Revere said that the North Koreans seemed genuinely interested in finding a way to resume official dialogue with the U.S., but did not show any indication they would alter their positions either on a commitment to denuclearization or on returning to a multilateral forum, both prerequisites clearly outlined by the American government.

"What I heard today in the meetings tracked fairly closely with most of the recent public statements that North Korea has been making on all of these issues," Revere said.

The North Korean position on denuclearization is "rather ambiguous," said Zagoria, "On the multilateral thing, what they repeatedly say is that if the bilateral talks with the United States go well, then they would go back to multilateral process."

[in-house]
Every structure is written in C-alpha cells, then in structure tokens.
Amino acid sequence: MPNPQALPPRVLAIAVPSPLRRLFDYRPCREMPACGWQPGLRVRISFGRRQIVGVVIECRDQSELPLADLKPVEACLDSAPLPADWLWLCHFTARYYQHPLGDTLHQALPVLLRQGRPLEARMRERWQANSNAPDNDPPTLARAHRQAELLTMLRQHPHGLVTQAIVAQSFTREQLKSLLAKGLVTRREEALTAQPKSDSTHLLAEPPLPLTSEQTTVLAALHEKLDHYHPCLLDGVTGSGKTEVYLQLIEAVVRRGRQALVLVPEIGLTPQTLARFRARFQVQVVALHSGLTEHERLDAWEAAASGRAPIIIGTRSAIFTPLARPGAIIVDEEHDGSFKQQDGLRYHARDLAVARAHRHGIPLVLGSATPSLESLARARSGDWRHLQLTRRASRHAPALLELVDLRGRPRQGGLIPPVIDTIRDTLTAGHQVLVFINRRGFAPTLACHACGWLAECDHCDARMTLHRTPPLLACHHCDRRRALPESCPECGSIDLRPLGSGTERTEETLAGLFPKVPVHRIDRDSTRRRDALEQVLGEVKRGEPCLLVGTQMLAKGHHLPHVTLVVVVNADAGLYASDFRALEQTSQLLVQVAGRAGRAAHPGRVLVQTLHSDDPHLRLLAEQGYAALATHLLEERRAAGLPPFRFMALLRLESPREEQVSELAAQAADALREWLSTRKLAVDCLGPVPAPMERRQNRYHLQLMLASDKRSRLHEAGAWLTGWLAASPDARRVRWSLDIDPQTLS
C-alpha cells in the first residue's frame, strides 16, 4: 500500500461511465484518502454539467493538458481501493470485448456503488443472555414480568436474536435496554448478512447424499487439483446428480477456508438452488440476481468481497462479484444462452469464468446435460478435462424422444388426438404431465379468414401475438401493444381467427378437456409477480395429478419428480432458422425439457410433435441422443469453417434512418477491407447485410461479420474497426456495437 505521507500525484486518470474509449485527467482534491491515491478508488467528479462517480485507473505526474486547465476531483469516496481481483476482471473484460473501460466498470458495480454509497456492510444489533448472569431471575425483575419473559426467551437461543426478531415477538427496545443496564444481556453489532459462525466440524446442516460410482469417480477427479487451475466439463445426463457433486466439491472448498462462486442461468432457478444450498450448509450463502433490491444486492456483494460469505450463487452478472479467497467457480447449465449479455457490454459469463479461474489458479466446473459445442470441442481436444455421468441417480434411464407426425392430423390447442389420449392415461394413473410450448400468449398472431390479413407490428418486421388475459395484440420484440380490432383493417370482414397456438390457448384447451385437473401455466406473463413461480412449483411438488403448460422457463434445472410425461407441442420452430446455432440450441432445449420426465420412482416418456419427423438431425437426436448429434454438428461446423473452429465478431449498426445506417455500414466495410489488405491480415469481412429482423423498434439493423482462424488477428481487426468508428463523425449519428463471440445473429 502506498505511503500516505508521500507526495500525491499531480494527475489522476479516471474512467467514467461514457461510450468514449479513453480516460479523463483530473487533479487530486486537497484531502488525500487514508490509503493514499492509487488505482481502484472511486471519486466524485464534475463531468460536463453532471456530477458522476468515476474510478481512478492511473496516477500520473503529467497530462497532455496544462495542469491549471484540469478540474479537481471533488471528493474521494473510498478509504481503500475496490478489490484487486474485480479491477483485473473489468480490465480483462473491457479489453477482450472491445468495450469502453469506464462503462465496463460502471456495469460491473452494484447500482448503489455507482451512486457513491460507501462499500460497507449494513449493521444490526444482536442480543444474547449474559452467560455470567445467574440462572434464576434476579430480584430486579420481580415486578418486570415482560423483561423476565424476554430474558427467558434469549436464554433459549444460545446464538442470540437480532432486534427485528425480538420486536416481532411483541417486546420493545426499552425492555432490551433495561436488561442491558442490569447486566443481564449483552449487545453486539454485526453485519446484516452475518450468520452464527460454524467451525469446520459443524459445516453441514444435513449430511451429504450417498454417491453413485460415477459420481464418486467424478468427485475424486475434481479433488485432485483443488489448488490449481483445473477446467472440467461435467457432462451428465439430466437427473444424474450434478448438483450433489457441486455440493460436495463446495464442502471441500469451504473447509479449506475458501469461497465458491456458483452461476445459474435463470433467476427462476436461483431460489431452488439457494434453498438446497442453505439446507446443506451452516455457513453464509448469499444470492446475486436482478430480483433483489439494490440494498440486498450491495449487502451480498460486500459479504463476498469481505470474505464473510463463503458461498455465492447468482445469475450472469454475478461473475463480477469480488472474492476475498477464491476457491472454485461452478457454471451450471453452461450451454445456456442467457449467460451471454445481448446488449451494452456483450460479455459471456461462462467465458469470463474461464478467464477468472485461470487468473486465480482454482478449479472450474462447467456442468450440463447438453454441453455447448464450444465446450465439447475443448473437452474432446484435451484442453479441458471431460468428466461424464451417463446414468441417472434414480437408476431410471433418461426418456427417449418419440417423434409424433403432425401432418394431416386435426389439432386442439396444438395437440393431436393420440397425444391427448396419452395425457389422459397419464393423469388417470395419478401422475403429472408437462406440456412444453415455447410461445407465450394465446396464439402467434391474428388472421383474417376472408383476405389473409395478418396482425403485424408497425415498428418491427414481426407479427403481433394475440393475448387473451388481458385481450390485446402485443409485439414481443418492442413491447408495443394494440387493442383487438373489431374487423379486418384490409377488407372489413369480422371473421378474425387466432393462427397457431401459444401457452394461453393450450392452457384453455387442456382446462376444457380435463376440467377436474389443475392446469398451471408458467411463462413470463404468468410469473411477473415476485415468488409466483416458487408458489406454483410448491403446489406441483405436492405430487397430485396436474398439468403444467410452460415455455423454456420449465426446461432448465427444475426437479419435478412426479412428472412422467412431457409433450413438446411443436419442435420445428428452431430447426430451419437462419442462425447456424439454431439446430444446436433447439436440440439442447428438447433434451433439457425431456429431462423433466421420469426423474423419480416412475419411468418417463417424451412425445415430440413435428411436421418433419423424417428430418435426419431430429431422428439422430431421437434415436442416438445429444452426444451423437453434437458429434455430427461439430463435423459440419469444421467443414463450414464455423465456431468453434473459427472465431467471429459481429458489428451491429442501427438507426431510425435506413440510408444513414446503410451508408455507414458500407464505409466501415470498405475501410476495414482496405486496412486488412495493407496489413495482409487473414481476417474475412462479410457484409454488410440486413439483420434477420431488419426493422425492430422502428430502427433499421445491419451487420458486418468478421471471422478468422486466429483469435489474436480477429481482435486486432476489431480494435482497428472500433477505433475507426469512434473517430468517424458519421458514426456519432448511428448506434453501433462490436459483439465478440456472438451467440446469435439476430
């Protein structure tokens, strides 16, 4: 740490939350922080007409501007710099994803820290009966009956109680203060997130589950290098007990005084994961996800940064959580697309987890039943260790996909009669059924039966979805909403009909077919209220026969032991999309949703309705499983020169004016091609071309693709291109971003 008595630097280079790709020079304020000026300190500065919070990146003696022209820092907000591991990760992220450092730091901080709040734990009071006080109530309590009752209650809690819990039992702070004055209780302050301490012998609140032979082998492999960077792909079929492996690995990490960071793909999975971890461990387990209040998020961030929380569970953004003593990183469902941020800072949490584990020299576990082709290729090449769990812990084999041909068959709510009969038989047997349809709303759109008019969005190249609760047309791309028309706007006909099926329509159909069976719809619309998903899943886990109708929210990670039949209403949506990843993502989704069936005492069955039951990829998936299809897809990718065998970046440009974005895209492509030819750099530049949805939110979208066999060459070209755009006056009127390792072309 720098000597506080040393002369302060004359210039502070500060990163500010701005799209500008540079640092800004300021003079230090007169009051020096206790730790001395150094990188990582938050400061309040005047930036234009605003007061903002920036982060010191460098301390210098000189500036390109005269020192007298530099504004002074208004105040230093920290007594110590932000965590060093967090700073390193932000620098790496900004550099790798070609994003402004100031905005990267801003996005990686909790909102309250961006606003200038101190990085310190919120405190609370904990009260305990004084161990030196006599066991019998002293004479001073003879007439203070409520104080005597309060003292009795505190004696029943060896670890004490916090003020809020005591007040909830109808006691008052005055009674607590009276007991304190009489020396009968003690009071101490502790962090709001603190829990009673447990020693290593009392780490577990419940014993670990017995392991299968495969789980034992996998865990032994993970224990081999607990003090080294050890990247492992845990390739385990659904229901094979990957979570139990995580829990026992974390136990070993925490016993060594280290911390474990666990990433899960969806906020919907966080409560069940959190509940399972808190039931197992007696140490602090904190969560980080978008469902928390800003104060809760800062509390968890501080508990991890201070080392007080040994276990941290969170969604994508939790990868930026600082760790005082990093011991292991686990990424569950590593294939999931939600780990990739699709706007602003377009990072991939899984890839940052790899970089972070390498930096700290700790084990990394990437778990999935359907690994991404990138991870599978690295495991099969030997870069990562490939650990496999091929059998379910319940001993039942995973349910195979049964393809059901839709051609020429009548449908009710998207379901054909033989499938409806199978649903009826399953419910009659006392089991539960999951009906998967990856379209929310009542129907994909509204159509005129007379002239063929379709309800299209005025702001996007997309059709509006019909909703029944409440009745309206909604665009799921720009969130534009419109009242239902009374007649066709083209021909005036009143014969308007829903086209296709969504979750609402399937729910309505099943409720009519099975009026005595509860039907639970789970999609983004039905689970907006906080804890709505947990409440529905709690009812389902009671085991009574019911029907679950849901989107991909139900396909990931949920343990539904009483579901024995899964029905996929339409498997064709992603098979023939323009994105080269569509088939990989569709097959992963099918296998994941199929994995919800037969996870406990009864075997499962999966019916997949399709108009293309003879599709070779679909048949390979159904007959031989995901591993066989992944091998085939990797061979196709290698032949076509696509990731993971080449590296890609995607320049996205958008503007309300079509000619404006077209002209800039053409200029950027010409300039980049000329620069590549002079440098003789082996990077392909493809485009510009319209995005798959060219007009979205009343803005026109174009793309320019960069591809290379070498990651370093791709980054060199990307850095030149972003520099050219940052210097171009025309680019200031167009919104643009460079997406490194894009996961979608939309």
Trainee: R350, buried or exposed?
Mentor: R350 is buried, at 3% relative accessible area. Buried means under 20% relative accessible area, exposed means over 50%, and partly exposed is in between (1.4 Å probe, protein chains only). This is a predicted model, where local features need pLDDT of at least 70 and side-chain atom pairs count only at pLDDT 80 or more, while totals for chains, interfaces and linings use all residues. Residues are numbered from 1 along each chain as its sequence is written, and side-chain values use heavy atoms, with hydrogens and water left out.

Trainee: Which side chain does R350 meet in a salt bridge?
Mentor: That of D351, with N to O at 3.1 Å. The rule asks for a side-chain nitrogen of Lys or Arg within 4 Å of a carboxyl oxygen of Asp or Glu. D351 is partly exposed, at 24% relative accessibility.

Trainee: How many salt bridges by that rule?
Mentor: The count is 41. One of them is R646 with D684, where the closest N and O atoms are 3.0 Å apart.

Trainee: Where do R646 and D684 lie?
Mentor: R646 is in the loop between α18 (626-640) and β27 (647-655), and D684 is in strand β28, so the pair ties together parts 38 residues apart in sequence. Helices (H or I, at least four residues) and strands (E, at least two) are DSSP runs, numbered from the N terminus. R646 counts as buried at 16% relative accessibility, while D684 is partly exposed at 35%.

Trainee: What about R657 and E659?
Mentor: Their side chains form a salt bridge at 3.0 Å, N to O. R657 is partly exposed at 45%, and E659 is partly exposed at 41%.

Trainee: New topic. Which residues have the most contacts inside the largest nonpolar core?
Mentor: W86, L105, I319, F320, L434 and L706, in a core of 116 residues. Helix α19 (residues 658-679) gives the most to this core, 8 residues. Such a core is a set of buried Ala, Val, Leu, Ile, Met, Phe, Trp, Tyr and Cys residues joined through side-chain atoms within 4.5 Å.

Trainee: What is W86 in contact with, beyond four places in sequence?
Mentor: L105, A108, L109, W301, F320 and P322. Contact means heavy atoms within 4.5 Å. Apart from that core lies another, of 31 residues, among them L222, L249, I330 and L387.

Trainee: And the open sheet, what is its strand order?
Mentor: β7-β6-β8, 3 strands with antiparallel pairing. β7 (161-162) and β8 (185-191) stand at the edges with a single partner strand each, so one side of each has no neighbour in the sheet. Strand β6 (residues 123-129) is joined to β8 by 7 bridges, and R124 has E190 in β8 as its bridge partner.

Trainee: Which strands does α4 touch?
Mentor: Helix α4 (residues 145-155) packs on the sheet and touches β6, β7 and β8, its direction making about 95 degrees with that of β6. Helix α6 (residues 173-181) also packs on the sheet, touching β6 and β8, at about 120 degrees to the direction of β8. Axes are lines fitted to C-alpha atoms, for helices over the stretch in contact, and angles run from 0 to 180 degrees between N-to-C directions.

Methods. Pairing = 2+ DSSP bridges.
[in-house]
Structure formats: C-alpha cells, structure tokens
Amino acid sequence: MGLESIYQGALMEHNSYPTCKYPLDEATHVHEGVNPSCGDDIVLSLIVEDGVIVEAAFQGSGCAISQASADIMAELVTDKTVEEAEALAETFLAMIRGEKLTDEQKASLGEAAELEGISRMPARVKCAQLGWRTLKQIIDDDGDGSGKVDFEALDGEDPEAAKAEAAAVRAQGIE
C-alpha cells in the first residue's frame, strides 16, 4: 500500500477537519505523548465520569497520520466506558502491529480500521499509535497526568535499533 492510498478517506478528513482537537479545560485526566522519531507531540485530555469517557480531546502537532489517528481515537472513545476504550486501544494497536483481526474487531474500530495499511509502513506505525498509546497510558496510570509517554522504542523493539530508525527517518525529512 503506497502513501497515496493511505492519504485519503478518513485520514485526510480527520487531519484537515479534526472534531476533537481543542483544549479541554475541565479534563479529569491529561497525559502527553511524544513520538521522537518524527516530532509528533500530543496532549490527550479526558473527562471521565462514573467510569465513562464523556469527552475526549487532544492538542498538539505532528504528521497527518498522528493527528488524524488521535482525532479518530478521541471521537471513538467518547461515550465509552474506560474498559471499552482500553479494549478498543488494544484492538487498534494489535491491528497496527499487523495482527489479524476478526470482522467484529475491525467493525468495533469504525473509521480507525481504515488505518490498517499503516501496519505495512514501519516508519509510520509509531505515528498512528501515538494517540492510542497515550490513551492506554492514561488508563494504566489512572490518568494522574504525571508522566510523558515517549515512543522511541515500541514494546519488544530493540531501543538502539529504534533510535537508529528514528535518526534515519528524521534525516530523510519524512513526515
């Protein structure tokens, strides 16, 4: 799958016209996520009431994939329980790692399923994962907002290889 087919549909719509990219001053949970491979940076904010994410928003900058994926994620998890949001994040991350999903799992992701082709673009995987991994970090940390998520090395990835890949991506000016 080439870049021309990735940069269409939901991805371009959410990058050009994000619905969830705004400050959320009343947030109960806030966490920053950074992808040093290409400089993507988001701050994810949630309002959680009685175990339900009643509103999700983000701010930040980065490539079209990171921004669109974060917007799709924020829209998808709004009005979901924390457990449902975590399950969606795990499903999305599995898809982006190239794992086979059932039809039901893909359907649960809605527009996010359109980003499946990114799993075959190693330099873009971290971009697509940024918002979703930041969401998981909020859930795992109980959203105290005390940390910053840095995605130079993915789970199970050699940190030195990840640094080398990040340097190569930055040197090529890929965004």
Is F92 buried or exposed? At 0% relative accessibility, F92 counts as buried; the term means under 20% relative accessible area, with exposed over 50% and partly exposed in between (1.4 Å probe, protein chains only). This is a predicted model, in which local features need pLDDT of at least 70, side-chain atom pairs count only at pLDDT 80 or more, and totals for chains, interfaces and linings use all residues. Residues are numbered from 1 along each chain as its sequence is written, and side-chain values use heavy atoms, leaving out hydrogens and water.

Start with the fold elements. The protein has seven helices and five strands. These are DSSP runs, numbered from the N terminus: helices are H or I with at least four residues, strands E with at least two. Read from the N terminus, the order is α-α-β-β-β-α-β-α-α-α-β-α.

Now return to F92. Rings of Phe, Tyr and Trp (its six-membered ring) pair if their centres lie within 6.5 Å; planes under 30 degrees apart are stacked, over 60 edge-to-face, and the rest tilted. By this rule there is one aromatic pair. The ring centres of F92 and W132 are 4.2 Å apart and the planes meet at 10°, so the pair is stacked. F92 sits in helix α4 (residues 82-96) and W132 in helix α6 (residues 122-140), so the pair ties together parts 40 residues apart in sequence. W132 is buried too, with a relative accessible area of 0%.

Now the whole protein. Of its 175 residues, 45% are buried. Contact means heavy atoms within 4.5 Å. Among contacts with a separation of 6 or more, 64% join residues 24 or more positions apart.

The U.S. side made clear to the North Koreans that position would not allow formal negotiations to resume. "We left no illusions that this process could be bilateral alone," said Lord.

At one point, the U.S. side put forth a presentation proposing cultural and educational confidence building measures, along the lines of the recent trip by the New York Philharmonic to Pyongyang last year.

One North Korean official responded by suggesting that "economic confidence building measures" could be helpful, which attendees took as meaning the North Koreans were seeking bribes of goods or cash in order to return to the table.

"It's like buying the same horse three times," said Schwab, noting the failure of past efforts at using economic incentives to woo Pyongyang into cooperating, "We're trying at least to propose a horse of a different color."